My Jewish Legacy | Butterfly Garden

Butterfly Garden

Butterfly Garden

Posted by Elyse in Updates 15 Nov 2010

Hey everyone! A few weeks ago, I spoke for the Butterfly Project. They were holding a fundraiser to get people to donate money for the new butterfly garden that will be opening in Shalom Park shortly. Below is the speech I gave. I encourage you all to learn more about the Butterfly Project and if possible, to visit the butterfly garden once it is complete. Have a great week!

Good Evening, and welcome to Shalom Park and tonight’s information session for the butterfly garden. My name is Elyse Bodenheimer and three years ago I created a website to collect and preserve stories from the Holocaust.

My family belongs to Temple Israel and I attended the Charlotte Jewish Day School. Our Charlotte Jewish community has a respected tradition of remembering the Holocaust and honoring the memory of those who died. Shalom Park has hosted events to remember Kristalnacht; has hosted Holocaust education conferences; and has sponsored notable Holocaust speakers from around the world to come and speak to our community.
For the past few years, Charlotte’s Jewish community has also been participating in the Butterfly Project, where we paint butterflies as a means to provide a voice for the 1.5 million Jewish children who died in the Holocaust. I myself painted a butterfly, in memory of Martin Borus.

These opportunities to engage in actively preserving our Jewish heritage have inspired in ME a passion to keep the memories alive.

I am going to speak about efforts that I have taken as a memory-keeper. This is a very important role, being a memory-keeper – to me, it means making certain that the stories of the holocaust are never forgotten, and continue to be told. Three years ago, I started, and since then I have had over 4,000 visitors to my site, and have collected over 50 stories.

My grandfather, Bert Bodenheimer, was born in the southern German town of Lorrach, which is on the border with Switzerland. In 1938, his father was arrested with other Jewish men after Kristalnacht and sent to the Dachau concentration camp. Nevertheless, my grandfather’s family was extremely fortunate, because they had important political connections, and money, outside of Germany, and they were eventually able to buy their way out from the Nazis and come to America.

I am named after my grandmother, Ellen Schleicher Bodenheimer. Her family was from Offenburg, Germany. Her father, Dr. Hugo Schleicher, was a prominent lawyer who was also arrested after the “Night of Broken Glass” and placed in a concentration camp. When he was released, the family survived a difficult time living as Jews in Nazi Germany. Their quota number to come to America was very high, and after a desperate time they were eventually saved and allowed to stay in Scotland as guests of members of the Oxford Group, an organization that later became the Christian Moral Rearmament Movement.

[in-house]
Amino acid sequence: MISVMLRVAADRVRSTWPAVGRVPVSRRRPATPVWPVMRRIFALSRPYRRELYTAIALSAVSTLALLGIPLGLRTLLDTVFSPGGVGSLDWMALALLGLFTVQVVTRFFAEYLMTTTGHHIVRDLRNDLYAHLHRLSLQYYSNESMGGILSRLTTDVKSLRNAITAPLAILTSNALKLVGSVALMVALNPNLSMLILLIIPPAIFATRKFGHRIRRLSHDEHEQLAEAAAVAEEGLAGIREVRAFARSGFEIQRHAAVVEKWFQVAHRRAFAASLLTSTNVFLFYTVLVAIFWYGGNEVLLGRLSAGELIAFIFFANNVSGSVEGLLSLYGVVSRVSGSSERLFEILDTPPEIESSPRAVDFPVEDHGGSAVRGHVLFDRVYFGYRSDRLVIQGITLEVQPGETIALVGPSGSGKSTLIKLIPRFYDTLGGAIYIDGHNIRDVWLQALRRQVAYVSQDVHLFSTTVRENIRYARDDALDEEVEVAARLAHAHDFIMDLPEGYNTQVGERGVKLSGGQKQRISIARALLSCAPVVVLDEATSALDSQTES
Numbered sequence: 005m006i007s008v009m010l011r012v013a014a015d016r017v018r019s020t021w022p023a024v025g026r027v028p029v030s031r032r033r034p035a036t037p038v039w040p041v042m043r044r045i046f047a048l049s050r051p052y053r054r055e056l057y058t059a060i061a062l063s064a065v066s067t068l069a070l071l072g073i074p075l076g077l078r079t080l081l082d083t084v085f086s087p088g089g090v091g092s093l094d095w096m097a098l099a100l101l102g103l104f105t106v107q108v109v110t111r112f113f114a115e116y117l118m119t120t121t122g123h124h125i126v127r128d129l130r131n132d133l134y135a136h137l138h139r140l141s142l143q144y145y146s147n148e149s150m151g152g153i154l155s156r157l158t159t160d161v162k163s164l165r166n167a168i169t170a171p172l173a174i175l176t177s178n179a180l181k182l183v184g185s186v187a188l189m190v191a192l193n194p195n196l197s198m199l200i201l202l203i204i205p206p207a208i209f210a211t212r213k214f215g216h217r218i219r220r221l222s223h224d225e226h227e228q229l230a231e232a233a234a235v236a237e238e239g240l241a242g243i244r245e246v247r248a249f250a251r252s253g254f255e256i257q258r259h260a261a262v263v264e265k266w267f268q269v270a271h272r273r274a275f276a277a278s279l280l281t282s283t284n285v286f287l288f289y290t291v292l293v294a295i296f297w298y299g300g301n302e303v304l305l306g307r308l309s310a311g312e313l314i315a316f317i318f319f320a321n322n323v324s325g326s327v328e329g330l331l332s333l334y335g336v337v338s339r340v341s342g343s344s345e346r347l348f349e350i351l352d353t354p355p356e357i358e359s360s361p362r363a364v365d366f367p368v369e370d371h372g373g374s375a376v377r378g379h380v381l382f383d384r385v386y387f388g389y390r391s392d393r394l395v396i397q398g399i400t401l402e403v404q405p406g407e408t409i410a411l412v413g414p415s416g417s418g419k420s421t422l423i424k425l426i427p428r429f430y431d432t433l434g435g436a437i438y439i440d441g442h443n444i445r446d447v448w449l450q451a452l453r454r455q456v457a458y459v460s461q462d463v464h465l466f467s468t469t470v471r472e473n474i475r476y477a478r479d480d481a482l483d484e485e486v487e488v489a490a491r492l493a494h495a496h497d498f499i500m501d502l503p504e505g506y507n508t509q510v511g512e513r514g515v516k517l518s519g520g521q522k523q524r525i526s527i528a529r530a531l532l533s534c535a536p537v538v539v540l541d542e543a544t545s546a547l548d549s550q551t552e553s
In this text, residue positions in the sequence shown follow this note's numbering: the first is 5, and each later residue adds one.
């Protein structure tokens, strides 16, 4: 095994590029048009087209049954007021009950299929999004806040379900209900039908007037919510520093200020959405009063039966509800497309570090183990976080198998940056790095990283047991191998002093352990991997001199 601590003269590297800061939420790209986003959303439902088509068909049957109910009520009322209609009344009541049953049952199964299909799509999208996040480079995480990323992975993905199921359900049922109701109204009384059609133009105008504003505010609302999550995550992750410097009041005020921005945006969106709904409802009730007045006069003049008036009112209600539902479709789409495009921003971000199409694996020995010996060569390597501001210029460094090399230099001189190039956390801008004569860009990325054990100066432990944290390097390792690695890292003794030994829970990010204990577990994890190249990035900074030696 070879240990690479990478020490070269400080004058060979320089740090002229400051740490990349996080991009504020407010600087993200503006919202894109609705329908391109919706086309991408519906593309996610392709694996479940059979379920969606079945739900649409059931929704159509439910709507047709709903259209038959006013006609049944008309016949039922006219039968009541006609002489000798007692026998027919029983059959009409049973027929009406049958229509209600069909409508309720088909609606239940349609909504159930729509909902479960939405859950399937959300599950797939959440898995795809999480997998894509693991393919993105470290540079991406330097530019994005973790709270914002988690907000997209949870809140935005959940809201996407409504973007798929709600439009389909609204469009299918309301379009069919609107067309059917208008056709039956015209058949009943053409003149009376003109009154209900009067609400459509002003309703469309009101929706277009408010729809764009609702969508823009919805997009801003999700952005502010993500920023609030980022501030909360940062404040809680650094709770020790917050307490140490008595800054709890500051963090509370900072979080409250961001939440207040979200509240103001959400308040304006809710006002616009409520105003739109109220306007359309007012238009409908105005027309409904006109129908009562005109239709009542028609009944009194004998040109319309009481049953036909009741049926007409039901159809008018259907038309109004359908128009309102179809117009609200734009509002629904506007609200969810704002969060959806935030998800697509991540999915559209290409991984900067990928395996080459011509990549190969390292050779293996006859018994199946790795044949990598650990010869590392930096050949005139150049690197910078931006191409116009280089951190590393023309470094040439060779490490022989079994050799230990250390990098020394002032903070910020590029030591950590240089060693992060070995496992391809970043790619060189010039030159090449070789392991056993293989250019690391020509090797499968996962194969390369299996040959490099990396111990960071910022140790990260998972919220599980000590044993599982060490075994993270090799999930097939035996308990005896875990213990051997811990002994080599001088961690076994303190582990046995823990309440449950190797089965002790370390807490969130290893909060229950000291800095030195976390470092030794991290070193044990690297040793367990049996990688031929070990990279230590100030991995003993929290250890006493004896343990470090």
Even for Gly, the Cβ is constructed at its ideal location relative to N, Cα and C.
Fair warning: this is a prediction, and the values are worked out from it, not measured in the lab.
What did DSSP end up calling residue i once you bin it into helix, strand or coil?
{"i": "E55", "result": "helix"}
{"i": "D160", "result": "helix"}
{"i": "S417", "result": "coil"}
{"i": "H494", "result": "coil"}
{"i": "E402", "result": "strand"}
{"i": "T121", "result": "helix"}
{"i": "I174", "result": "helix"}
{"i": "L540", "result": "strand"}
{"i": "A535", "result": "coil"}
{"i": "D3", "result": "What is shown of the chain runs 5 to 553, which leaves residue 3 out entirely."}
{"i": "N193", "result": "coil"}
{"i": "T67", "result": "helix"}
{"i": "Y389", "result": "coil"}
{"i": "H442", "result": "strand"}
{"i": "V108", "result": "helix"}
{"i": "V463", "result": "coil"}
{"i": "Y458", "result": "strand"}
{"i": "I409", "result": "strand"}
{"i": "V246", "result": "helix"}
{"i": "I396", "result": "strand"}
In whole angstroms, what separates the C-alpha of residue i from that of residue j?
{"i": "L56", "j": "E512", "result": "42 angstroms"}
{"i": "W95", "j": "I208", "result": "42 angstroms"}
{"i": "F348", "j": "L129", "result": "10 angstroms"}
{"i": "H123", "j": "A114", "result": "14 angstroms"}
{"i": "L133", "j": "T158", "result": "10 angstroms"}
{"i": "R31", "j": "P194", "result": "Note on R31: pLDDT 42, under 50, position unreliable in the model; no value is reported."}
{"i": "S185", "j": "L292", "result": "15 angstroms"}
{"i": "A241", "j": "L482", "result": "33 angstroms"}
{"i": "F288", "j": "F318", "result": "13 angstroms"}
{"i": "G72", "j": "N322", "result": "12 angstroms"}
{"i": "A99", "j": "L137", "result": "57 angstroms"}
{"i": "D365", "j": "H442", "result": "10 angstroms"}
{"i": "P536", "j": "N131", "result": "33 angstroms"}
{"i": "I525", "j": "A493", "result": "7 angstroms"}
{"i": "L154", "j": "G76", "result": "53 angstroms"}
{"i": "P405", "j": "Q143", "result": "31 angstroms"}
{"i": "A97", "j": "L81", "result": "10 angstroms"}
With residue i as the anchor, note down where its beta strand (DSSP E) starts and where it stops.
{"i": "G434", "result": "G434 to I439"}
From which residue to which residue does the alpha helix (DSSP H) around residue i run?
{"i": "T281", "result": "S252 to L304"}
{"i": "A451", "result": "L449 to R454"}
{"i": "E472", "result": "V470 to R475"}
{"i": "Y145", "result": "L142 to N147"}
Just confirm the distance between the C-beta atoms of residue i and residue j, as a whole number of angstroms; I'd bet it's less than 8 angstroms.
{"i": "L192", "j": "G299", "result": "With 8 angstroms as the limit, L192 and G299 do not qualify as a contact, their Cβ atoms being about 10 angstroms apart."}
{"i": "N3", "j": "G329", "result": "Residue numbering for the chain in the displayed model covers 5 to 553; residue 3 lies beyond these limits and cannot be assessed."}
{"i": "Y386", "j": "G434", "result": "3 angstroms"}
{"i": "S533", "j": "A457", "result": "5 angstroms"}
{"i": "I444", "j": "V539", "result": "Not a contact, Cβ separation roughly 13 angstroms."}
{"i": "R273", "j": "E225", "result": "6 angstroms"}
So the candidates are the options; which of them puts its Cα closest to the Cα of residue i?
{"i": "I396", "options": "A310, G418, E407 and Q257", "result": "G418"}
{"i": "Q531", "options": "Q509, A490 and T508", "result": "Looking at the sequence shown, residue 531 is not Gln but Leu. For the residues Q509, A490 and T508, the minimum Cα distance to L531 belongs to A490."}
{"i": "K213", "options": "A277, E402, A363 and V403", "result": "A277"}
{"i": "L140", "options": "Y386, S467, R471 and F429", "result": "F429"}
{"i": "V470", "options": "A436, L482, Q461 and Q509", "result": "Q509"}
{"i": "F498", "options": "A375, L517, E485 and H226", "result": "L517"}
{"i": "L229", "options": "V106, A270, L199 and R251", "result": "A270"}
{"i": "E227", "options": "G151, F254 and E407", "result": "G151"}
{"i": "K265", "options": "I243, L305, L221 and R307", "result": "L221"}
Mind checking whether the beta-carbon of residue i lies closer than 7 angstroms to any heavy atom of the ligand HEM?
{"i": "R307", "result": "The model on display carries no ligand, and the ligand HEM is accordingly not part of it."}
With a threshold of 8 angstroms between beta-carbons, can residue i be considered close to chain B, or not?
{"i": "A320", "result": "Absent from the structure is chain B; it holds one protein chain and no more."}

Those of us who are children and grandchildren of holocaust survivors are sometimes referred to as 2G (for second generation) and 3G (for third generation) memory keepers. Since starting my website, I have come to realize that there is still a great amount of history and stories of the holocaust “out there”, just waiting to be shared with everybody.

Activities like the Butterfly Project have helped me understand the need to share these stories with our community, and to educate others about this point in history, to truly make sure that this never happens again. We need to learn to speak out against ethnic killing and genocide whether it happens in Europe for six million Jews 60 years ago, or recently in Yugoslavia, Darfur, and Rwanda. I have taken it upon myself to go to different Charlotte schools on a regular basis, and to speak with other children about the stories I have preserved. I encourage my peers to interview their own family, friends, and neighbors – anyone with a holocaust story. Over the course of the past few years, I have collected stories not only from survivors, but from non-Jewish liberators, too. There is something of interest for almost everybody; from heroic stories of soldiers at war, to harrowing stories about children hidden from the enemy, to frightening stories about life as a Jew under the Nazi powers. It has been a fascinating project to collect these stories!

We all understand how important it is to preserve Holocaust memories. Remembering is an effort; I have been taught that we need to make that effort and show our respect to those who perished, by lending our voice to theirs. The Butterfly Garden will provide a venue for continuing to speak and teach to our community. My generation’s obligation is to inspire in our peers a desire to never forget. I hope that your generation will continue to help us by providing us the resources to accomplish this goal.

Thank you.

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